Our devices, ourselves

By Pattie Maes

Media coverage of AI in the past few years has often focused on how the technology might cost people their jobs. But I think a much more exciting possibility is a future in which people are augmented with intelligent interfaces—thereby elevating and combining human decision-making with machine intelligence. In my research group at the MIT Media Lab, we like to talk about intelligence augmentation rather than artificial intelligence, and we view the future of interaction with our devices as more natural and intimate.

There are three ways in which many of us would like to see our devices change. First, we live in two worlds now—the physical and the digital—and they’re not well integrated. We are constantly forced to multitask and shift our attention from one to the other. Second, while today’s personal devices provide access to the world’s information, they don’t do much to assist with other issues important to being successful, such as attention, motivation, memory, creativity, and ability to regulate our emotions. And third, our devices today pick up on only the very deliberate inputs we give them through type, swipe, and voice. If they had access to more implicit inputs such as our context, behavior, and mental state, they could offer assistance without requiring so much instruction.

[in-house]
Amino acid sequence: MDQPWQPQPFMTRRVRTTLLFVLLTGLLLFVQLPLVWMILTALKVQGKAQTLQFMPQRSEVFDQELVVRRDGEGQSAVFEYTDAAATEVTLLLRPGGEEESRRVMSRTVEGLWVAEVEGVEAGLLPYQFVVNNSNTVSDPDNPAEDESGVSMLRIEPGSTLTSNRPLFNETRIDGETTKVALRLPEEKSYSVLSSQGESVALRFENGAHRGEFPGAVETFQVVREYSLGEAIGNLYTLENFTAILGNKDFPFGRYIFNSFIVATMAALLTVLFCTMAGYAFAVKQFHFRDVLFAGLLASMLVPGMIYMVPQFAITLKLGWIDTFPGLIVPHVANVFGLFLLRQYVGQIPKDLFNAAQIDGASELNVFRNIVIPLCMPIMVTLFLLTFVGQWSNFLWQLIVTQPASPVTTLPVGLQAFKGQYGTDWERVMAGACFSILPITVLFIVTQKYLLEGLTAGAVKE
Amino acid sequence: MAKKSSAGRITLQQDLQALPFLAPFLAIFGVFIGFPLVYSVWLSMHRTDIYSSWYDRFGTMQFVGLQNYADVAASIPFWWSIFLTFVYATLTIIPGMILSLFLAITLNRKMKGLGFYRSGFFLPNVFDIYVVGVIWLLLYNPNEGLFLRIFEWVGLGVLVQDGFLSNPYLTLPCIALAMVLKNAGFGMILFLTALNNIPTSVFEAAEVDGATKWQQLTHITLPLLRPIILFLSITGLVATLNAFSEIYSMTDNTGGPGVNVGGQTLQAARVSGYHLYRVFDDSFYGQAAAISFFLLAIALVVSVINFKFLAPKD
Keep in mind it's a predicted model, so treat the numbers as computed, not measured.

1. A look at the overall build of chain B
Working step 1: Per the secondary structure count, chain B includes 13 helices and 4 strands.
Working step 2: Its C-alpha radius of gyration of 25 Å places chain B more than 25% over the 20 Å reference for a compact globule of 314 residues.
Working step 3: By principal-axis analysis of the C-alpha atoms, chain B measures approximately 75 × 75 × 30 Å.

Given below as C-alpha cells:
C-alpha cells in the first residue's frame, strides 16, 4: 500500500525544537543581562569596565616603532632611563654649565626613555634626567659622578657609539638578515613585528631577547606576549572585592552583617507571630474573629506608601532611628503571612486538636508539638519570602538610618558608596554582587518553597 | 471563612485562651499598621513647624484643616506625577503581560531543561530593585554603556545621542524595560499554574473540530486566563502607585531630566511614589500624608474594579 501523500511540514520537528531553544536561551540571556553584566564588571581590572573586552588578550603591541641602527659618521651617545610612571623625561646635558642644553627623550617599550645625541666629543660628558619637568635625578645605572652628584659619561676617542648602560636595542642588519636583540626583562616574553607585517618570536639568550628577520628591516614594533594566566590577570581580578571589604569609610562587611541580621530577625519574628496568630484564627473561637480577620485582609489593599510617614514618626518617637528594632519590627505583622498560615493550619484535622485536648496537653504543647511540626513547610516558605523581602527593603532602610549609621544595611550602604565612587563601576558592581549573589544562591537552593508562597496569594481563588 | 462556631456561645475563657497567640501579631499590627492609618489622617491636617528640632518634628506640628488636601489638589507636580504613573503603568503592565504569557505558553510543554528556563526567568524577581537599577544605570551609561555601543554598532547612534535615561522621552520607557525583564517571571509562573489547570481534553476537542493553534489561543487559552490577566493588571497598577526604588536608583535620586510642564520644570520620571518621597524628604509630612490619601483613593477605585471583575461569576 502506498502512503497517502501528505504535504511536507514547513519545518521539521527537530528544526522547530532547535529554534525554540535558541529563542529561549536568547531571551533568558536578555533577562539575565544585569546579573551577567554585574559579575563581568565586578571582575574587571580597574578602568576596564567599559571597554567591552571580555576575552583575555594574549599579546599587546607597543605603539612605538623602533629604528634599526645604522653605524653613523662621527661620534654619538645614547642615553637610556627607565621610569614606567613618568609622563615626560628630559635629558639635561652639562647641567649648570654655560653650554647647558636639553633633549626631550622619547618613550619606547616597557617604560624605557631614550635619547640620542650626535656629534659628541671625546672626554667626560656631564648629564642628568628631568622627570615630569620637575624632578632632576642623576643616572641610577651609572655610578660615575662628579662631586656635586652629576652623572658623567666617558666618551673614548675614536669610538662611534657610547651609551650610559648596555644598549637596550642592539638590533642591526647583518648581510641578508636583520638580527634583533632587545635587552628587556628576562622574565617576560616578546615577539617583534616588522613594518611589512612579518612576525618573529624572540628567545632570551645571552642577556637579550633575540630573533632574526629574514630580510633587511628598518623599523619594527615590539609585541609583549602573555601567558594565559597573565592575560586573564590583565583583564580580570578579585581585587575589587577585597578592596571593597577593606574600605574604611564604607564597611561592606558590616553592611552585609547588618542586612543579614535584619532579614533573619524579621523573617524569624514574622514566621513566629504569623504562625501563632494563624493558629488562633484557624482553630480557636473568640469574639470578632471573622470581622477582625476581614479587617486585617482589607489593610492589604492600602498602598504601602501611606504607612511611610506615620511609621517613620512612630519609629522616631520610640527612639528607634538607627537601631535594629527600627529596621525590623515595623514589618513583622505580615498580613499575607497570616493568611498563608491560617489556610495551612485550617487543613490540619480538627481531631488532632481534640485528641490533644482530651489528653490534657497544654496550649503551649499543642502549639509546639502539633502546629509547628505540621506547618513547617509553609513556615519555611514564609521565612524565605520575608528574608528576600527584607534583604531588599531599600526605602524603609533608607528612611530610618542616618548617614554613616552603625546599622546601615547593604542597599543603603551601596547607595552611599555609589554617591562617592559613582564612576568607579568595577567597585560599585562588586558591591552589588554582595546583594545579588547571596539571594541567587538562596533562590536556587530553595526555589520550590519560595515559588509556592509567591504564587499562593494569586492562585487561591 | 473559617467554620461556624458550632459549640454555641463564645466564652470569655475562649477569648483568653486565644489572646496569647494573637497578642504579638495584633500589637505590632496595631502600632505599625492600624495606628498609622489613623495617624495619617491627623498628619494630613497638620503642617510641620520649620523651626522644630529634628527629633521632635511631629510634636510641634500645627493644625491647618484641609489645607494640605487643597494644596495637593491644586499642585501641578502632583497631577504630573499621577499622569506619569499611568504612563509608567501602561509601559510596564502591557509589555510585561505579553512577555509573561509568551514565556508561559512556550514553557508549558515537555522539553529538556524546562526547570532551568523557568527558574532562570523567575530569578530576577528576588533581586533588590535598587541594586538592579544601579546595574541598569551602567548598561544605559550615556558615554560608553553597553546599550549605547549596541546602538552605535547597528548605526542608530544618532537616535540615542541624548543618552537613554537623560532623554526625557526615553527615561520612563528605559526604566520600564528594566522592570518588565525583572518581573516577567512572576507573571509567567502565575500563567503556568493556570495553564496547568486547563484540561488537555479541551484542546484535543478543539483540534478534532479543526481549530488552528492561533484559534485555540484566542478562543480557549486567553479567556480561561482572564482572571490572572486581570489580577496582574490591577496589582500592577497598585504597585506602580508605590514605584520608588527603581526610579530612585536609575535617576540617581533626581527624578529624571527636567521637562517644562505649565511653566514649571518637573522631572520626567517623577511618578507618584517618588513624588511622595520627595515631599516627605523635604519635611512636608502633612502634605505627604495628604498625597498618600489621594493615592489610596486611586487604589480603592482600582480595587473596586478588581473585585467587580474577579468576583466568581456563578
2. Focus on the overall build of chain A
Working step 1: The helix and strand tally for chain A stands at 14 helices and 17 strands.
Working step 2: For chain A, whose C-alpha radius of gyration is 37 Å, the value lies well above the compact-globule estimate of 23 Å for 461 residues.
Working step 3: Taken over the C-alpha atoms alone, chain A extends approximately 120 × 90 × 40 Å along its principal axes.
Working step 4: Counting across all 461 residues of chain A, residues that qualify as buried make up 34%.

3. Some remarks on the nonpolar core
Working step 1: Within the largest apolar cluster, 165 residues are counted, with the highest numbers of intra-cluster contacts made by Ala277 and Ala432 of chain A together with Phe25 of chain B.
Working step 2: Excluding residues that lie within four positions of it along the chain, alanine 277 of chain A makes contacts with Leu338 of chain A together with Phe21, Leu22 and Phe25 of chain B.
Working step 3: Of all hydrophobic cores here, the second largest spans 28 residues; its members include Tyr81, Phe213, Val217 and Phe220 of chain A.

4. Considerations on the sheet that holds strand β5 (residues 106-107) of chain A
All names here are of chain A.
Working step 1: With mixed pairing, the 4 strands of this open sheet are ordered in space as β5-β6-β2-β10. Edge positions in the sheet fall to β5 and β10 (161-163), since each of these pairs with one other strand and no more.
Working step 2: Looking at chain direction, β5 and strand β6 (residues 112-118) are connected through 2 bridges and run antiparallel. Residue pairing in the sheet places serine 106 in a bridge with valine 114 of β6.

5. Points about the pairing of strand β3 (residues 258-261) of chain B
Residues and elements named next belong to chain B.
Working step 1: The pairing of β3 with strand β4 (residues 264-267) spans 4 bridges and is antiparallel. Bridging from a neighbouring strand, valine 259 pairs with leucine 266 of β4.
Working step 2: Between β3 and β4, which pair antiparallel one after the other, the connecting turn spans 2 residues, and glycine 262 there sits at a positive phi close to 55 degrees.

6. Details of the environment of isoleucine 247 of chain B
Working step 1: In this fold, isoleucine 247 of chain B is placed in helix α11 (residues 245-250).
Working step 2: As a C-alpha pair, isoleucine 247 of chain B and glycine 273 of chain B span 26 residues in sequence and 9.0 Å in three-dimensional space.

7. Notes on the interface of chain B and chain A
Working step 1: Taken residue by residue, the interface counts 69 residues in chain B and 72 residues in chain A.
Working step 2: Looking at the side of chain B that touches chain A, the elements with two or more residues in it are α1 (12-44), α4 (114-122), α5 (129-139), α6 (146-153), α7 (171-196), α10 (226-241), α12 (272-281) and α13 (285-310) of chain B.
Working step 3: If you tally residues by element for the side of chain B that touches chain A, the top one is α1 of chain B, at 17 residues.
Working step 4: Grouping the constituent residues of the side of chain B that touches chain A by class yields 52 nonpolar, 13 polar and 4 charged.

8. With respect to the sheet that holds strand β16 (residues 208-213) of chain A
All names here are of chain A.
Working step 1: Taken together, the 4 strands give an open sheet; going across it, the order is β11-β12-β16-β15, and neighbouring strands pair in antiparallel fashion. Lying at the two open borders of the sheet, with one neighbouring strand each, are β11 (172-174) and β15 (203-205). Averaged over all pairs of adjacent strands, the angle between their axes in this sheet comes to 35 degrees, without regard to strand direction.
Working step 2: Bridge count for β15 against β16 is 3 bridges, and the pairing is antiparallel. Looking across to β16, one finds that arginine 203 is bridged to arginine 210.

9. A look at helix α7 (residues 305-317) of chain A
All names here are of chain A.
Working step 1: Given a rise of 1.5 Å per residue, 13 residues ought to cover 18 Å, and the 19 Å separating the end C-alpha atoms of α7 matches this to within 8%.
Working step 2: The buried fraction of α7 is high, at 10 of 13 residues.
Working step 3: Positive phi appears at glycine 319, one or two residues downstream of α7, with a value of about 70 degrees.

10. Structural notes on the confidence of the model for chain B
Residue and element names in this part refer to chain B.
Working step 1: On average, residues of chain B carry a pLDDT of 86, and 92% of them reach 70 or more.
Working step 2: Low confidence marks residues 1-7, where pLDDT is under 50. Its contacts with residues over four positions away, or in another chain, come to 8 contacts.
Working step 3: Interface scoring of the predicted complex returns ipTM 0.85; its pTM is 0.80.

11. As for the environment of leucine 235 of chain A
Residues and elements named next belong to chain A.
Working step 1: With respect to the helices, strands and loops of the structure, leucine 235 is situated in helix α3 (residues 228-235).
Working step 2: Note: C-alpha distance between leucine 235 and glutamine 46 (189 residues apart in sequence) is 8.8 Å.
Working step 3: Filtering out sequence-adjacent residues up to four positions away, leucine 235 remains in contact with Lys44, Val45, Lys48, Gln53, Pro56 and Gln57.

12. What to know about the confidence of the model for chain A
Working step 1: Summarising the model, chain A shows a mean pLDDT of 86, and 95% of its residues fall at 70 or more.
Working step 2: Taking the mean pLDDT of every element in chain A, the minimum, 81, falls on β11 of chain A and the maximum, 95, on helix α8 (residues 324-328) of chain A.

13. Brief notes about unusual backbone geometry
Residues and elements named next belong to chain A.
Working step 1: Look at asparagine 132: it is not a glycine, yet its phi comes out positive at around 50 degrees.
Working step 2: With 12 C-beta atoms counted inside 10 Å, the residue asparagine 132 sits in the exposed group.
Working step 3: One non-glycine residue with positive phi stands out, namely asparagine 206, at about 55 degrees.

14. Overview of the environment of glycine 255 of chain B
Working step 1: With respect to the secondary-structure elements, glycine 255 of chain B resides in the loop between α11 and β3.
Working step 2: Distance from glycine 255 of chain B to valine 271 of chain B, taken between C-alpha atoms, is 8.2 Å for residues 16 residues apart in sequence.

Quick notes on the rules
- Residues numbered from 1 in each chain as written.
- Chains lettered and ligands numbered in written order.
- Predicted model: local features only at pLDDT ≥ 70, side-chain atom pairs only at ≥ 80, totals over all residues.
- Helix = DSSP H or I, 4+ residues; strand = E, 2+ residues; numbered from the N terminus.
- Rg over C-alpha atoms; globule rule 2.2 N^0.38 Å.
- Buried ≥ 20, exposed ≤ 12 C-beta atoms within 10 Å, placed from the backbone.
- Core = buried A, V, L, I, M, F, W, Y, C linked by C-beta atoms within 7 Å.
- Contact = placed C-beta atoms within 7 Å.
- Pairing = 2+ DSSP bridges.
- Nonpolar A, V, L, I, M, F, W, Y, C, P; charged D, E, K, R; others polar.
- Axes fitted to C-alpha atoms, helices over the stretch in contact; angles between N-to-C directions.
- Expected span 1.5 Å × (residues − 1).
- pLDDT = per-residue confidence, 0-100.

Today’s devices are aggregating more and more information about users. But in the future, they will also likely gather data on the surrounding environment and current situation, perhaps by analyzing what we are looking at or sensing what our hands are doing. This context will enable our devices to provide data based on explicit intent and well-defined actions, as well as our state of mind, unspoken preferences, and even desires. These systems will gain an increased awareness about users and their context and will form predictions about their behaviors and intentions.

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